Angelo Oparah Angelo Oparah - 2 years ago 107
Java Question

Oracle Java generics tutorial Box class explanation

I was reading the Oracle tutorial about generics and could not figure out what is wrong with the example provided. (The tutorial can be found @

Quoting the tutorial:

Begin by examining a non-generic Box class that operates on objects of any type. It needs only to provide two methods: set, which adds an object to the box, and get, which retrieves it:

public class Box {
private Object object;

public void set(Object object) { this.object = object; }
public Object get() { return object; }

Since its methods accept or return an
, you are free to pass in whatever you want, provided that it is not one of the primitive types. There is no way to verify, at compile time, how the class is used. One part of the code may place an Integer in the box and expect to get Integers out of it, while another part of the code may mistakenly pass in a
, resulting in a runtime error."

I tried to figure out why a runtime error would be the result of such operation but cannot come up with an explanation, so I recreated the situation on my IDE, ran the code, but did not get any error.
Is it a mistake? Did I misinterpret the situation?

Here is the sample code I created to test the situation:

Box class definition

public class Box
private Object ob;

public Object getObject(){
return ob;

public void setObject(Object ob){
this.ob = ob;

Testing the Box class

public class BoxTest
public static void run(){

String sPar = "hello";
Integer iPar = 45;
Box box = new Box();



I also tried to pass in a primitive type and it still works why would a runtime error occur in such a situation?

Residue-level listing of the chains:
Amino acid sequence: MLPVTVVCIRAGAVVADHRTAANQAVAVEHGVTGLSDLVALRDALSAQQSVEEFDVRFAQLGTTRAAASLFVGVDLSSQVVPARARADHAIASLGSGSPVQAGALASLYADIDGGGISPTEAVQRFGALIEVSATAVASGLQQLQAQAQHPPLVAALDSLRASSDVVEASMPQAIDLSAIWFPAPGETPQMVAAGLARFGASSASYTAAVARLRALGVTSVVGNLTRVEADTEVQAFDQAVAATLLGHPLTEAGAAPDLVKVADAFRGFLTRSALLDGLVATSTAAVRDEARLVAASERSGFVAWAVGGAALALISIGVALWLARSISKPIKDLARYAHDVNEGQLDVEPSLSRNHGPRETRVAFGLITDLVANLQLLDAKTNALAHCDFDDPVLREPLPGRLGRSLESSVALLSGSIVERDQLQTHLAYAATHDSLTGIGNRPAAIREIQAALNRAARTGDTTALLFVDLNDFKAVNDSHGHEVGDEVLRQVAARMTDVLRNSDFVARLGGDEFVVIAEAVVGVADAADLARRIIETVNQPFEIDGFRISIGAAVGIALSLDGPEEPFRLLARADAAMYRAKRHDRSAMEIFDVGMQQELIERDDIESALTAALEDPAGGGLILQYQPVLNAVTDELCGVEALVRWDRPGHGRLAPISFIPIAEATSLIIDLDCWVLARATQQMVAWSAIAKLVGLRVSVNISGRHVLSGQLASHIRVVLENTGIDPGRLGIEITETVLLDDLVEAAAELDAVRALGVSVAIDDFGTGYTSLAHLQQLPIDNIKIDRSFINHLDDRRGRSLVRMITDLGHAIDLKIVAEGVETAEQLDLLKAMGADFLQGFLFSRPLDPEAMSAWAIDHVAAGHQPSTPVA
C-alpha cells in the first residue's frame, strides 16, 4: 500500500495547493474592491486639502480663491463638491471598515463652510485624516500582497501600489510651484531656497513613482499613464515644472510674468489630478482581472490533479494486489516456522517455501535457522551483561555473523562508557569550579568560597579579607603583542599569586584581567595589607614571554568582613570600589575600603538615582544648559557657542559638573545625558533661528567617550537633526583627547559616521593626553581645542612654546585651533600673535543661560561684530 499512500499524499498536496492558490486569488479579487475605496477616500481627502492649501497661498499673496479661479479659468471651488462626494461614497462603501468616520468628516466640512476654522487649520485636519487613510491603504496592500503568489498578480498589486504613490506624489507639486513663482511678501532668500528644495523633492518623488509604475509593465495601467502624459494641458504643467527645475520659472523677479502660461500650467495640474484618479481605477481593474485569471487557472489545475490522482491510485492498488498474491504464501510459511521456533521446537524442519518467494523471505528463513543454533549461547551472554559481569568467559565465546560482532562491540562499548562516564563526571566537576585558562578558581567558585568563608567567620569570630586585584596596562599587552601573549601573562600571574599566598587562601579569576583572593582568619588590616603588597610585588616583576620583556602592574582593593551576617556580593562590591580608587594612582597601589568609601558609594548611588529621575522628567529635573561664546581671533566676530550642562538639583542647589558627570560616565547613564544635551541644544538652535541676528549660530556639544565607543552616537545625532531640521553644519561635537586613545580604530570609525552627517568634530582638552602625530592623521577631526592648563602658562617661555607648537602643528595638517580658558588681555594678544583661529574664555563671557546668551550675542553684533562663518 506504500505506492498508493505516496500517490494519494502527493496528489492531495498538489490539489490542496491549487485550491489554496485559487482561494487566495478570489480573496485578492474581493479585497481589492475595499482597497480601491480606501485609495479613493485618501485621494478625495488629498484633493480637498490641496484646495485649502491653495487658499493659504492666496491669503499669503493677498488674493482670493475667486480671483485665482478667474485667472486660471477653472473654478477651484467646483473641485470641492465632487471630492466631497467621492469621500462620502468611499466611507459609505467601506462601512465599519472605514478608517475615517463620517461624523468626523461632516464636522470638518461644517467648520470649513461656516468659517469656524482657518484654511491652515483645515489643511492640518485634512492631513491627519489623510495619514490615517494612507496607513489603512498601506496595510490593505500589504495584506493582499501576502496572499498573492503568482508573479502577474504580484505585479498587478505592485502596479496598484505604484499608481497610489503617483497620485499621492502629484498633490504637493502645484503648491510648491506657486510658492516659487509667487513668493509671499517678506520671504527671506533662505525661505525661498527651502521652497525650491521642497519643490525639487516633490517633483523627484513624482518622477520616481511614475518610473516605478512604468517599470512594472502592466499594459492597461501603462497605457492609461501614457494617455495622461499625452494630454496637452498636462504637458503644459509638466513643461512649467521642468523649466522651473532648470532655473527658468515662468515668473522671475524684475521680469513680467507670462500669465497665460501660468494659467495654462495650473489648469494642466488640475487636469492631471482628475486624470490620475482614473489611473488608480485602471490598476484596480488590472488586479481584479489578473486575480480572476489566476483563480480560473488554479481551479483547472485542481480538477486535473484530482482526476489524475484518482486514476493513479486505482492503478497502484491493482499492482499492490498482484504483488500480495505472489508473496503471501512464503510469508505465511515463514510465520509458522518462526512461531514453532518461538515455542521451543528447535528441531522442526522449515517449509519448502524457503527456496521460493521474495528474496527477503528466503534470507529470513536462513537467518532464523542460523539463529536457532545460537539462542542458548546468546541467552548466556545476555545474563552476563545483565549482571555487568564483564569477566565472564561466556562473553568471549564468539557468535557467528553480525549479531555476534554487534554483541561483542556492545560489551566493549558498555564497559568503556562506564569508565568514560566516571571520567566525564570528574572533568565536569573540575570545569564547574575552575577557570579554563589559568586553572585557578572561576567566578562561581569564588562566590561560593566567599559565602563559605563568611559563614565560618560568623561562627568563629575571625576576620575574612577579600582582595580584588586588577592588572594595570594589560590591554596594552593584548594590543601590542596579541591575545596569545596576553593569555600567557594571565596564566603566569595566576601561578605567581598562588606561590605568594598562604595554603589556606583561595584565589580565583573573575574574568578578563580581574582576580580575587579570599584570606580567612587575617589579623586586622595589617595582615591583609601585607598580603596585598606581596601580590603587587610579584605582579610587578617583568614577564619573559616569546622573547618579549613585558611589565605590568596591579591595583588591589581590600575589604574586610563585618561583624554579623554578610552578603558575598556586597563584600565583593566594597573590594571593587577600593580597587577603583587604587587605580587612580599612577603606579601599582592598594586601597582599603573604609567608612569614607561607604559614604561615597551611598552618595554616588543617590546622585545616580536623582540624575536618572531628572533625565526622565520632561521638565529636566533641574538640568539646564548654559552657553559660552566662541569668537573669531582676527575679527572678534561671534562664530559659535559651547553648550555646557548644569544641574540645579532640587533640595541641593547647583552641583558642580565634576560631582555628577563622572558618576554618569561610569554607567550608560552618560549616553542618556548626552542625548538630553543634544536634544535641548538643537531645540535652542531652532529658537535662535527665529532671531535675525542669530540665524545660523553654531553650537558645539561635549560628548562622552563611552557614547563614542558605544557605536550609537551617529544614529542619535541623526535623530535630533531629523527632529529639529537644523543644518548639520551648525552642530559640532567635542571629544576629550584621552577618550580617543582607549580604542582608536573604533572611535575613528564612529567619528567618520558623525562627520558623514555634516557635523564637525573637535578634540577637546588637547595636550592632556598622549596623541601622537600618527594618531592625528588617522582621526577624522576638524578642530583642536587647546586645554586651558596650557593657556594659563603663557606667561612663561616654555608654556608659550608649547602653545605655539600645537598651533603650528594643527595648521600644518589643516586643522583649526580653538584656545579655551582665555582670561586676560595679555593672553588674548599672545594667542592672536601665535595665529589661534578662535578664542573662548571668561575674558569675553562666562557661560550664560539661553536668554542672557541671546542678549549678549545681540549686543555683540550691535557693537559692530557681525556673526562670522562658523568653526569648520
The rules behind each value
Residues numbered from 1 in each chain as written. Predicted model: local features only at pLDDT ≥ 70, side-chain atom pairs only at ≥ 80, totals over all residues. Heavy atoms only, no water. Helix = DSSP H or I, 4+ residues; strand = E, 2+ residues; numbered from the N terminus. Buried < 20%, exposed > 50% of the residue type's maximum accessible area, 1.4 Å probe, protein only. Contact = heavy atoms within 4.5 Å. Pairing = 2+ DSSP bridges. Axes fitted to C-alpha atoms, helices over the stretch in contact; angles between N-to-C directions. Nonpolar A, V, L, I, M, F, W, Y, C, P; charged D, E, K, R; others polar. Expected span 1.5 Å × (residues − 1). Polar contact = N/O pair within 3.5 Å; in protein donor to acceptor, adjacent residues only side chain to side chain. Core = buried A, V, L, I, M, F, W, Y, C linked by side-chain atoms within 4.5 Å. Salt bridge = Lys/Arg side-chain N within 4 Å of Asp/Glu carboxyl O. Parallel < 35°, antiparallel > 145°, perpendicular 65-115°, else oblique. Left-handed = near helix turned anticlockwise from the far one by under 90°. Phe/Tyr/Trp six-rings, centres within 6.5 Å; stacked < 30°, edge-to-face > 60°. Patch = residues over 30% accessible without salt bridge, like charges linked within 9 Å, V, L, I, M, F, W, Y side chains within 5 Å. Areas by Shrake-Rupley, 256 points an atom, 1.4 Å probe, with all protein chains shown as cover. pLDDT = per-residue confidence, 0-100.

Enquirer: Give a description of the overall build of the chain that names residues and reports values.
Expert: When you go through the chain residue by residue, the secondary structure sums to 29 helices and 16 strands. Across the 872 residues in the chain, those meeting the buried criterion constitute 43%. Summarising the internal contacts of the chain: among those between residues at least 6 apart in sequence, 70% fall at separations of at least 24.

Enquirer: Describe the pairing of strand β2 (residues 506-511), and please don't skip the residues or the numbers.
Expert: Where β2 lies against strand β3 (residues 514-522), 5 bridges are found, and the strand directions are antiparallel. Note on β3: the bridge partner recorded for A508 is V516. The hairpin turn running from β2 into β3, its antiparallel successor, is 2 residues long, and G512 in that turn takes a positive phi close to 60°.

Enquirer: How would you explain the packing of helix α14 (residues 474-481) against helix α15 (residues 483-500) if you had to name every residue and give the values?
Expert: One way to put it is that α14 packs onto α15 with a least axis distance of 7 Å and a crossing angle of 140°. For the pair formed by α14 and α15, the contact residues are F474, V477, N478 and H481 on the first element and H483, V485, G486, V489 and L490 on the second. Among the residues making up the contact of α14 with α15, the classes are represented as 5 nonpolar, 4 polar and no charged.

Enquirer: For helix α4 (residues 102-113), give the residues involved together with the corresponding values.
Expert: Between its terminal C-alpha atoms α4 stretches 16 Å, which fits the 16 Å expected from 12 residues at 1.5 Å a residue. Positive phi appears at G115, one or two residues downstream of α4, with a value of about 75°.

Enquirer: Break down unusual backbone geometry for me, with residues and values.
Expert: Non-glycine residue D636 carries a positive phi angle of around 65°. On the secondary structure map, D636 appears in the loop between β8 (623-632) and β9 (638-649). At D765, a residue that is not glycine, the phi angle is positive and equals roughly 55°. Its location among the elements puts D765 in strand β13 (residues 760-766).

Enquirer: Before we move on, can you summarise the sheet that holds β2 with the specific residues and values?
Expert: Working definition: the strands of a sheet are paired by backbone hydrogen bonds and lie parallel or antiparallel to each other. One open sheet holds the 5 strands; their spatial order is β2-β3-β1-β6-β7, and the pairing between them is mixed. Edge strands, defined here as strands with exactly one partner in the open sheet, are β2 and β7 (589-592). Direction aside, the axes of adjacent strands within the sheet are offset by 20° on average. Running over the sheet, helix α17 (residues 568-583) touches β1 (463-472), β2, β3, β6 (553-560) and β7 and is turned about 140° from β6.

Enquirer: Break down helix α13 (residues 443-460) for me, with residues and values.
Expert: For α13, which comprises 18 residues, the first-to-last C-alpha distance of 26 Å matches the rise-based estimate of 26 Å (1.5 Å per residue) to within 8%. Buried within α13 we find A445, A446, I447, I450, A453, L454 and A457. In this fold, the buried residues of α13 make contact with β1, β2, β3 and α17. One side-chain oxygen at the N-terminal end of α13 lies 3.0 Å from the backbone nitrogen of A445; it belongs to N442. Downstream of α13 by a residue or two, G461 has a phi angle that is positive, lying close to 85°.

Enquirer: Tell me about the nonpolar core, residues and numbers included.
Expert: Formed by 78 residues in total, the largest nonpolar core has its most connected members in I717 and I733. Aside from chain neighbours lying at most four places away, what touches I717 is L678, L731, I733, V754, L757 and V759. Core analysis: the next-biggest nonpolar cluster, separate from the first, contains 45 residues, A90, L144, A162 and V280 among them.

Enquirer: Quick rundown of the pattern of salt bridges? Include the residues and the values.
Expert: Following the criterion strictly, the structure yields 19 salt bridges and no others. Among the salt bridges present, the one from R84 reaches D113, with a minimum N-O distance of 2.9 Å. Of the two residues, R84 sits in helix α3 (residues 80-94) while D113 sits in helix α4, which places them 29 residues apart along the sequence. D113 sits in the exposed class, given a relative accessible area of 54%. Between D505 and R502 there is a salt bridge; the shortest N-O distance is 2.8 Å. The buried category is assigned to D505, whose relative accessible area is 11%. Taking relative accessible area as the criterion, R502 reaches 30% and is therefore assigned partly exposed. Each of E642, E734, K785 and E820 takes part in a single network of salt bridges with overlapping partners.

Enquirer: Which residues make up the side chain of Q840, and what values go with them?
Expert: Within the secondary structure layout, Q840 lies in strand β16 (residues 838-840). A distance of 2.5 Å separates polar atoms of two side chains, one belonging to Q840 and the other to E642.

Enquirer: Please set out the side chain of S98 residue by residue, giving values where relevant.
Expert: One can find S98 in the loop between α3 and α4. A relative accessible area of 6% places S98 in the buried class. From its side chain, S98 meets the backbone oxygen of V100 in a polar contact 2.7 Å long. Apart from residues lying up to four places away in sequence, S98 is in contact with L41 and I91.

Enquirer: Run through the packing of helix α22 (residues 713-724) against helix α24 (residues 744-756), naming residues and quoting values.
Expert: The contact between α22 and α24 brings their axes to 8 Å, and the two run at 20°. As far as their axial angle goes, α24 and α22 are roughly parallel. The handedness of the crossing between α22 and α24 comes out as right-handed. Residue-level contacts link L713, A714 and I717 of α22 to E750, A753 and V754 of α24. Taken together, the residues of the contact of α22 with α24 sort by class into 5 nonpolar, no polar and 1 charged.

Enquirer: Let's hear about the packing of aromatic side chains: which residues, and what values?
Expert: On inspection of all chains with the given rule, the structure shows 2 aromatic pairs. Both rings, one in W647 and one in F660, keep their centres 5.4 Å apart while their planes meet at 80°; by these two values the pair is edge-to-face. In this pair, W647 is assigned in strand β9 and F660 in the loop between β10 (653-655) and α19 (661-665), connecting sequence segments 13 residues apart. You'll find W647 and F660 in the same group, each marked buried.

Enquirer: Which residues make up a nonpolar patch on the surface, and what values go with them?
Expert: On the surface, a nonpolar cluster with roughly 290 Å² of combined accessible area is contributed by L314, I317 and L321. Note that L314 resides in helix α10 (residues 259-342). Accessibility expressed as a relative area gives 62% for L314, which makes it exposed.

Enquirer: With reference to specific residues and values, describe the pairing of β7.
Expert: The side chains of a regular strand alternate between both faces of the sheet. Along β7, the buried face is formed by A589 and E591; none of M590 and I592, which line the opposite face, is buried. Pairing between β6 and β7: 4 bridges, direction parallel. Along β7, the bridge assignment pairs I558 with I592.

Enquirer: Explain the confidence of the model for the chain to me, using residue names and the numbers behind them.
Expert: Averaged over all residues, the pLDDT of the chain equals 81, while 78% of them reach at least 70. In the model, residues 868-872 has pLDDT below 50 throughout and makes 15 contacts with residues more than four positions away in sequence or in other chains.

Answer Source

It is referring to the fact that you can write:

Box box = new Box();
String value = (String) box.getObject();

This code compiles fine, but gives an error at runtime.

In general, there is no way of knowing - short of testing every possible type - what type Box.getObject() will return.

The use of the cast may seem a bit unusual - surely you would always know what you'd put into the box. It would not be possible to know, if, say, you have a method which expects a Box parameter containing a String:

void doSomethingToStringBox(Box box) {
  String value = (String) box.getValue();

You can call this from anywhere in your code (at least from where it is visible), so you can't be 100% sure that the person writing that code knew that Box had to contain a String.

If you had correctly used the generic version of the class:

Box<Integer> box = new Box<>();
// Compiler error - Integer cannot be cast to String.
String value = (String) box.getObject();


Box<String> box = new Box<>();
// Compiler error - Integer cannot be converted to String 
String value = box.getObject();

I emphasize the word "correctly" above, since it is still possible to use genericized Box without the generics:

Box box = new Box();

and then you're back in the same type-unsafe situation as the very first example.

This is called a raw type, and you should not use them in any code you write now. They are permitted for backwards compatibility with legacy code, and may be unsupported in the future.

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